Santiago Paulos, Green tunnel, 2017, oil and acrylic on canvas

John Kinross Scholar in 2015


How did the experience affect you as an individual?
I went to Florence in September 2015. I had the opportunity of being there before, however, only for the weekend and nothing like staying in the city for a prolonged period. Being in the city of Florence for more than one month was a completely different experience. Walking back home during the warm nights between Cellini’s Perseus and Medusa in the Piazza della Signoria or bumping into the Basilica of Santa Maria Novella was breathtaking. A unique experience of an art installation of the size of a city. I was also lucky enough to stay with other scholars which created a bond that perdures until today.


What was the impact on your practice?
Apart from seeing on flesh several major Italian Renaissance artworks
which I like to think must have a massive impact in any artist, the
scholarship allowed me to understand my practice in a broader context.
It gave me valuable time and magnificent examples to think about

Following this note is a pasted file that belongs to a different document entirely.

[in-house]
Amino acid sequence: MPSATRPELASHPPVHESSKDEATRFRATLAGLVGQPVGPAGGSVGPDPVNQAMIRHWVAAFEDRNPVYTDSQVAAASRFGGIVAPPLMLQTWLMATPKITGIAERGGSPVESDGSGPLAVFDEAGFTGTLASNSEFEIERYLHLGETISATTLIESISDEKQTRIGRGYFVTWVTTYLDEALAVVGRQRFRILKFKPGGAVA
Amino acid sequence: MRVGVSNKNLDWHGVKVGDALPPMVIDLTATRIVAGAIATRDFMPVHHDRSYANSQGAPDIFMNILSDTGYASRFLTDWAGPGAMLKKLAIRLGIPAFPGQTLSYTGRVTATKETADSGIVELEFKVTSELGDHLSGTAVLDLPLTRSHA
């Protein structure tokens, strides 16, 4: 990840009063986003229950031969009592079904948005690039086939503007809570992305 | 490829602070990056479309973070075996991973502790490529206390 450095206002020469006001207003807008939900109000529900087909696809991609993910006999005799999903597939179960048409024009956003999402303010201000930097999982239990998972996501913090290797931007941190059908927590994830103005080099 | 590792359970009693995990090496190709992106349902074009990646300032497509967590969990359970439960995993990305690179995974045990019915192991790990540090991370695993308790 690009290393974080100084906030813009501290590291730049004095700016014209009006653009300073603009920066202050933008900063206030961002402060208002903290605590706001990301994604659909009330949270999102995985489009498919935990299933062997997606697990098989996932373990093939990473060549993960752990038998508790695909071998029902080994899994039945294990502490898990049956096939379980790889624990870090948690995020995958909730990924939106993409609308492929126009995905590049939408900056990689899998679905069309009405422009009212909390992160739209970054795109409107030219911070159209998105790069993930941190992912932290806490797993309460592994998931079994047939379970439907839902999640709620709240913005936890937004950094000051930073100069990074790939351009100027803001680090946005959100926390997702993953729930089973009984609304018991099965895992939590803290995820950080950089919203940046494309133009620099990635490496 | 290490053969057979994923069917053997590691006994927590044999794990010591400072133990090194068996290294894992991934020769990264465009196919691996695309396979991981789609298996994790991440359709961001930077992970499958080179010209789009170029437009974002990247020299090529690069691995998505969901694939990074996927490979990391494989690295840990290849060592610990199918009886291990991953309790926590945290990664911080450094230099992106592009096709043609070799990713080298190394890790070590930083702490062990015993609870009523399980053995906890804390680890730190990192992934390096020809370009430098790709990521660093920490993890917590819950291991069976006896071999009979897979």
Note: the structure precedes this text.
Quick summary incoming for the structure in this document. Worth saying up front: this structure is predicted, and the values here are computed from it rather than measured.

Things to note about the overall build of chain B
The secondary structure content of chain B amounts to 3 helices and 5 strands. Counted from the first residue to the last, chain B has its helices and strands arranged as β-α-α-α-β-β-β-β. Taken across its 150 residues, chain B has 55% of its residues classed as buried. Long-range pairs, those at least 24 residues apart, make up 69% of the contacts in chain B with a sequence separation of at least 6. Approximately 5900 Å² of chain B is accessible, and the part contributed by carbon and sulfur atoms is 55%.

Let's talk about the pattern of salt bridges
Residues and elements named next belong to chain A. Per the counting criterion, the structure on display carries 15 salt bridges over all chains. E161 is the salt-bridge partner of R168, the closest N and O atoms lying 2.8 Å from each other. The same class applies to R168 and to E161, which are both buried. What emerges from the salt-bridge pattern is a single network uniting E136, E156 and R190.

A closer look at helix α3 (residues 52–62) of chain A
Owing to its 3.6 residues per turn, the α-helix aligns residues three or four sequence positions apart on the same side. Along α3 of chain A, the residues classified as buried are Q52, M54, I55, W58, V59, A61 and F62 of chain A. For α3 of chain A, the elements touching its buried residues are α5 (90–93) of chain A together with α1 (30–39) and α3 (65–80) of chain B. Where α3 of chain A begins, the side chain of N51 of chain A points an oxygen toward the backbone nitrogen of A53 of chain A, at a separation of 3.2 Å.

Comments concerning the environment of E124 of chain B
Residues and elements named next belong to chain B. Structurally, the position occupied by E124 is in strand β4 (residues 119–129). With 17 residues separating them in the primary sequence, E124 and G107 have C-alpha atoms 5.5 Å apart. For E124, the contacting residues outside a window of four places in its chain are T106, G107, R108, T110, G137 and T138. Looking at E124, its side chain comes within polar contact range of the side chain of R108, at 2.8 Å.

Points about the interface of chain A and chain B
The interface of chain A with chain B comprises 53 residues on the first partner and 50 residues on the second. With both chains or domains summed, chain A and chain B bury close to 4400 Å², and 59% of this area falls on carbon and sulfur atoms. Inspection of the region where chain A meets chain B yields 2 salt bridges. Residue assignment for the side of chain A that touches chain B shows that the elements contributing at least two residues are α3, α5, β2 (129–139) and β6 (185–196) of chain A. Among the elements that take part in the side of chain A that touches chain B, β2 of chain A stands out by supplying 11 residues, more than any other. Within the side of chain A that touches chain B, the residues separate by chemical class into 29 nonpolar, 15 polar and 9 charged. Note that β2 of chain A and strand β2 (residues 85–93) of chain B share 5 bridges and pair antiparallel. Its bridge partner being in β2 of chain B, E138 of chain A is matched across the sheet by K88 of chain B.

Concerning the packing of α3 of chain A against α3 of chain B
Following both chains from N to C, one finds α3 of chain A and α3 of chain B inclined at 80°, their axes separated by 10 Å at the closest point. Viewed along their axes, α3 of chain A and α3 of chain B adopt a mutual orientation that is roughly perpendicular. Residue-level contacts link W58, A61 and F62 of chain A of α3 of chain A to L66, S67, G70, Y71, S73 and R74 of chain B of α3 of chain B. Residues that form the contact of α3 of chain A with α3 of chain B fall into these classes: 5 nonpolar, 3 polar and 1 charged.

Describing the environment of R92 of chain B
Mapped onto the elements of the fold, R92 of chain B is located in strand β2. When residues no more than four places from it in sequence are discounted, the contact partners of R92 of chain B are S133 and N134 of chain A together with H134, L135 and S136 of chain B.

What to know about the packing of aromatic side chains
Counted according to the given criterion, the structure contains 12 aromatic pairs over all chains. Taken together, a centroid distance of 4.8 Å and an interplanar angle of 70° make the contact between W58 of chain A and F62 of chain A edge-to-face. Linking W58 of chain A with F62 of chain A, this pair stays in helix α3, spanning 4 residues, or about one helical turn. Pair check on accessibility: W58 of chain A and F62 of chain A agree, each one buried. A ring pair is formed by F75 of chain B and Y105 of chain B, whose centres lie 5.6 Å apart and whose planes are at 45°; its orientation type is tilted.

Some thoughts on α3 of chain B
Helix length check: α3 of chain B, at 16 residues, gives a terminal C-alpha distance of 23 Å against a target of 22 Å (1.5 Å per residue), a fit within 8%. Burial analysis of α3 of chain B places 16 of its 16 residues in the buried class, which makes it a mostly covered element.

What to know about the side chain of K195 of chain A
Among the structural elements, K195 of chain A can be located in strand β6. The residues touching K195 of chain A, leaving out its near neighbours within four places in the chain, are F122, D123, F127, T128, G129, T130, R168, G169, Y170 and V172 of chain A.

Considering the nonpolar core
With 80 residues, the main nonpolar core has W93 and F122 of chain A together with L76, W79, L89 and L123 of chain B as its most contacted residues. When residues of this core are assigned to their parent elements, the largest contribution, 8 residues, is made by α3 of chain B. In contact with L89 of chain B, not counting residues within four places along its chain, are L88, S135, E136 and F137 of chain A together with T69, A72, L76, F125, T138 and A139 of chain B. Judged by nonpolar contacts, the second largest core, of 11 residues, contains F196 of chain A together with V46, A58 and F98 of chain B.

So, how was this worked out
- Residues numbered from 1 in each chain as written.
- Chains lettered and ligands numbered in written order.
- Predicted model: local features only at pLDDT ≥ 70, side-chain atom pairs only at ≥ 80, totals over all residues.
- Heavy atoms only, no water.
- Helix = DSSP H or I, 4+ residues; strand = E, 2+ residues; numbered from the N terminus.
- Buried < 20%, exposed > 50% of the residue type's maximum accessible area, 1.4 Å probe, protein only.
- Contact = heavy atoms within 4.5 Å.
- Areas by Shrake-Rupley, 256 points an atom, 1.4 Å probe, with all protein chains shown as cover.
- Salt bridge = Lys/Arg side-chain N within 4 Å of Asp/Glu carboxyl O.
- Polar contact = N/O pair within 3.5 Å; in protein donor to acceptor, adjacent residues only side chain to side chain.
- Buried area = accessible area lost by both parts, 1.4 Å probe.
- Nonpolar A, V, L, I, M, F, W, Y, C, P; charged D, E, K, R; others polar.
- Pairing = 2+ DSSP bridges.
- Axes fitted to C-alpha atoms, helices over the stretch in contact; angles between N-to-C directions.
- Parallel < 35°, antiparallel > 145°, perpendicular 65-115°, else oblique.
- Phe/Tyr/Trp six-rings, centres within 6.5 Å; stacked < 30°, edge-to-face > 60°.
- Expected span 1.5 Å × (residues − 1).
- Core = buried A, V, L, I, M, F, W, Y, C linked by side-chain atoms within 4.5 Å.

constructed spaces and the traditional linear perspective. Which at the
moment resulted to be the pillars in my MFA degree show.


Santiago Paulos, Hollow, 2016, screenprint 55 x 55 cm, RSA Collection

What would you say the long-term impact has been on yourself and you work?
Personally, it helped me a lot to understand art as a chain of knowledge. Where an artist (if we are successful) may be allowed to add a new link, and in this way, influence future practitioners.
I am interested in this aspect of ‘Tradition’ and I find really interesting that any art language has a history that you carry along even if you don’t want to. In that sense, Florence was very important in two aspects: first of all, the very important artworks held there, secondly, the chance to see each of them next to the others (sometimes a few blocks away). The dialogue and connections between them were just incredible to me and full of meaning.